- Clarify the vision and communicate it effectively. The role of leadership in change management requires that you help people buy into your vision for the organization. This type of communication needs to occur consistently, no matter if it’s the mundane, day-to-day issues or more serious change programs. Your message needs to be clear and consistent. Leverage your audience’s preferred communication methods to ensure receptiveness. That means making the most of social media. According to a November 2015 Harvard Business Review article, we spend an average of 3 hours each day on various social media platforms, with over 50% of employers using such platforms for internal communications. The same article noted that just 17% of employees rated their leader highly when it came to recent change-related communications.
- Stay connected with your employees. Without this awareness, you’ll have a difficult time explaining your vision and enlisting support. Your employees look to you to be direct and transparent. They also want you to be approachable. The Harvard Business Review piece cited another study in which nearly three-quarters of employees said their CEO’s preferred social media platform allowed them to communicate more directly with the CEO. Similar numbers of CEOs believed such interactions helped them get a quick idea of what employees were thinking/feeling, which is important when aligning your change management initiatives with the capabilities of your people.
- Be accountable and transparent. During times of change, leaders must be accountable for what is working and what isn’t working. Being accountable fosters a desire and commitment to fix problems to yield the best results. To be truly accountable means you are willing to let others see behind the curtain to candidly assess how things are going. As you do this, your team will embrace a similar, no-blame openness to performance. Accountable leaders look at all aspects of the organization—culture, processes, management, and employees—to ensure all are functioning optimally. If they are not, a good change management leader must be willing to admit the gaps or misalignments and take actions to address shortcomings.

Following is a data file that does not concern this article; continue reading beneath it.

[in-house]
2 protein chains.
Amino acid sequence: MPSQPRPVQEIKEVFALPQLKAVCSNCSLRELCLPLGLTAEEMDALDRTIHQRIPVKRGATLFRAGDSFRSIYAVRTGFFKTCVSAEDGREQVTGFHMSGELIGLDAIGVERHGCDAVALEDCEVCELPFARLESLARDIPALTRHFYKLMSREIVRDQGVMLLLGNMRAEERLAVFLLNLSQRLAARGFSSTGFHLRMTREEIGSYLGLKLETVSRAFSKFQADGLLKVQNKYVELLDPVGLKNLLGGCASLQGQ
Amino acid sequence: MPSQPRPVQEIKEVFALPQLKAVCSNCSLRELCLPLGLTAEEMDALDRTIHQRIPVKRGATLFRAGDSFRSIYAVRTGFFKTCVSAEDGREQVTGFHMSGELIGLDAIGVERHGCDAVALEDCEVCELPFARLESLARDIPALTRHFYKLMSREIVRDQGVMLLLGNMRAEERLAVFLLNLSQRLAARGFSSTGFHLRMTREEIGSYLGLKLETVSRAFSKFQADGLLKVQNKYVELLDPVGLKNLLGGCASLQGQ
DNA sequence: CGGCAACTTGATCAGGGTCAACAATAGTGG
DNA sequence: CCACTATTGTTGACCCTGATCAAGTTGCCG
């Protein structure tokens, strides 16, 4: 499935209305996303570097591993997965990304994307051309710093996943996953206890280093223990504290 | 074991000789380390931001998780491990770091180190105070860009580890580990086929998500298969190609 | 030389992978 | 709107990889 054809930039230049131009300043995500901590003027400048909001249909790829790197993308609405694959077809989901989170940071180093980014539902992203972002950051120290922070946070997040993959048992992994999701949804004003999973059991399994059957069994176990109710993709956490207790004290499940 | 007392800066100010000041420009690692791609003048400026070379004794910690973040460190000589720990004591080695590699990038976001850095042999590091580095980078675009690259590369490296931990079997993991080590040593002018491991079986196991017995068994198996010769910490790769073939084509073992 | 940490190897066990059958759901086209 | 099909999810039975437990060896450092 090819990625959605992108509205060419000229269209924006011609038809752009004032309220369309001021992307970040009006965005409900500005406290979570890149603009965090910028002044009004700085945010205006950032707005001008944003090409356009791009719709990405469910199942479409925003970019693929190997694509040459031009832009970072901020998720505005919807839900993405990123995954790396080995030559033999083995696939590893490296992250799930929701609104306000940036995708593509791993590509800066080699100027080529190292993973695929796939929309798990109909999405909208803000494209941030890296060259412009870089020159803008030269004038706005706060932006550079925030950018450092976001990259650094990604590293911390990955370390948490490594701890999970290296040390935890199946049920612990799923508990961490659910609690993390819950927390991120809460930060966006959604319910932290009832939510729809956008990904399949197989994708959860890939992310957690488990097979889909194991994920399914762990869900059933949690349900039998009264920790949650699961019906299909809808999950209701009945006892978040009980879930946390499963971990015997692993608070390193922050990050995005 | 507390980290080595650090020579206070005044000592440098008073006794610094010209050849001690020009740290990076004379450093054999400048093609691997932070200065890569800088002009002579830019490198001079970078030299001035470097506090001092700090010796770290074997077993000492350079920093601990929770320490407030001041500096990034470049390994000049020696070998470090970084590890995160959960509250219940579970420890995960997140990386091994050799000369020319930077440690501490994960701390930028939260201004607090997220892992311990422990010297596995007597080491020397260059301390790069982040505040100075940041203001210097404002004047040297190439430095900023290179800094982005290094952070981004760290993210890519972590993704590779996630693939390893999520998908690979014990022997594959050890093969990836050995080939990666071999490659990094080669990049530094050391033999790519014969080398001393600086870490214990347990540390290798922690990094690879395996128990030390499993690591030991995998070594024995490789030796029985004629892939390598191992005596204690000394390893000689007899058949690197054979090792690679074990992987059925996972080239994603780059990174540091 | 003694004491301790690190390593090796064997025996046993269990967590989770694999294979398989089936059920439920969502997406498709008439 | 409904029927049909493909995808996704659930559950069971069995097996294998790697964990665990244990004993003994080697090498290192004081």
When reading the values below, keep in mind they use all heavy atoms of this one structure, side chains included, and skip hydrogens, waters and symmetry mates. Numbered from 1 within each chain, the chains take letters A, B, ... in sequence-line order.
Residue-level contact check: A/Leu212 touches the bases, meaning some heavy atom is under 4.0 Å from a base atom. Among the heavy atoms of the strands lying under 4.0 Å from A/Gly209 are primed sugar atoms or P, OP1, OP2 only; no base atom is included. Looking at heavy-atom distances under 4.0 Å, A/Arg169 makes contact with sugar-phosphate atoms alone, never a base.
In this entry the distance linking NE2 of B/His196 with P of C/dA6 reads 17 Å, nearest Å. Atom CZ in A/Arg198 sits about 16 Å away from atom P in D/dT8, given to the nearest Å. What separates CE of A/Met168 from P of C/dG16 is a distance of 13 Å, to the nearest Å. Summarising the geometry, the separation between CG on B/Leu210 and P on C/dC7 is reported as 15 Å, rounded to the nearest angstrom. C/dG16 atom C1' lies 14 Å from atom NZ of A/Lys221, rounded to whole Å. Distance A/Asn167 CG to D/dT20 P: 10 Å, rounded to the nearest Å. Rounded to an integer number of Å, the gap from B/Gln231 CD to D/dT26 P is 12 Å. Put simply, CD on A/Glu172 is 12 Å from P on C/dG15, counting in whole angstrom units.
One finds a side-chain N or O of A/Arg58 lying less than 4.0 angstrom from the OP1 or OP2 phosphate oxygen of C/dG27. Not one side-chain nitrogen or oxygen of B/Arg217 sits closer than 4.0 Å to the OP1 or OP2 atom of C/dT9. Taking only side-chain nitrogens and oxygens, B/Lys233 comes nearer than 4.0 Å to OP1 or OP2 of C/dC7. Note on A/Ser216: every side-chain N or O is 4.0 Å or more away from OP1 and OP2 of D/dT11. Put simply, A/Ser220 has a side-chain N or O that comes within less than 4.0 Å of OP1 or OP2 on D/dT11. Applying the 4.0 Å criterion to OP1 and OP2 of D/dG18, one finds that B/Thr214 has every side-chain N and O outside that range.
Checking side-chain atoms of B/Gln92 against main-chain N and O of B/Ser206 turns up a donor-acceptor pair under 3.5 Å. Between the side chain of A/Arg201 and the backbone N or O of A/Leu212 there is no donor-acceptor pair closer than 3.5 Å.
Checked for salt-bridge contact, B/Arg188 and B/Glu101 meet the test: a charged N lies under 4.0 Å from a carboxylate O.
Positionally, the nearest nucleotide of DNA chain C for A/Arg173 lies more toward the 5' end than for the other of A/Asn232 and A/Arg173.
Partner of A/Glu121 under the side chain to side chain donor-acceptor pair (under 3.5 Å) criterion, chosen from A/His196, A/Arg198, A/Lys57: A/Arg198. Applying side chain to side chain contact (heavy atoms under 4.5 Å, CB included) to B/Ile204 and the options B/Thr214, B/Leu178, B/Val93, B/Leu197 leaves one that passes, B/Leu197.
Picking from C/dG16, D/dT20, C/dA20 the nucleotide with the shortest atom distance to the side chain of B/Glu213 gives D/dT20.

Remember, perceptions of leaders are often shaped during times of transition and change. The principles outlined above help leaders conquer the change management challenge. Don’t let people question your leadership and the mission of the organization. Such questions, undermine employee commitment to the change initiatives and their allegiance to you and possibly the company. Additionally, these leadership questions may ripple out to your customers, partners and stakeholders.
Be the Change You Want to See
Don’t abdicate change management to others, such as HR, or leave it to chance because you think people will “get it” the first time. You have to take full responsibility, understand the mindset of your team, enlist their support and hold them accountable.
The role of leadership in change management requires care, communication and commitment. As the leader, you are the bridge between your organization and the envisioned change. If you understand your role and the expectations around it, clarify your vision, communicate effectively, and hold yourself and others accountable throughout the change process, you can successfully navigate even the most disruptive change.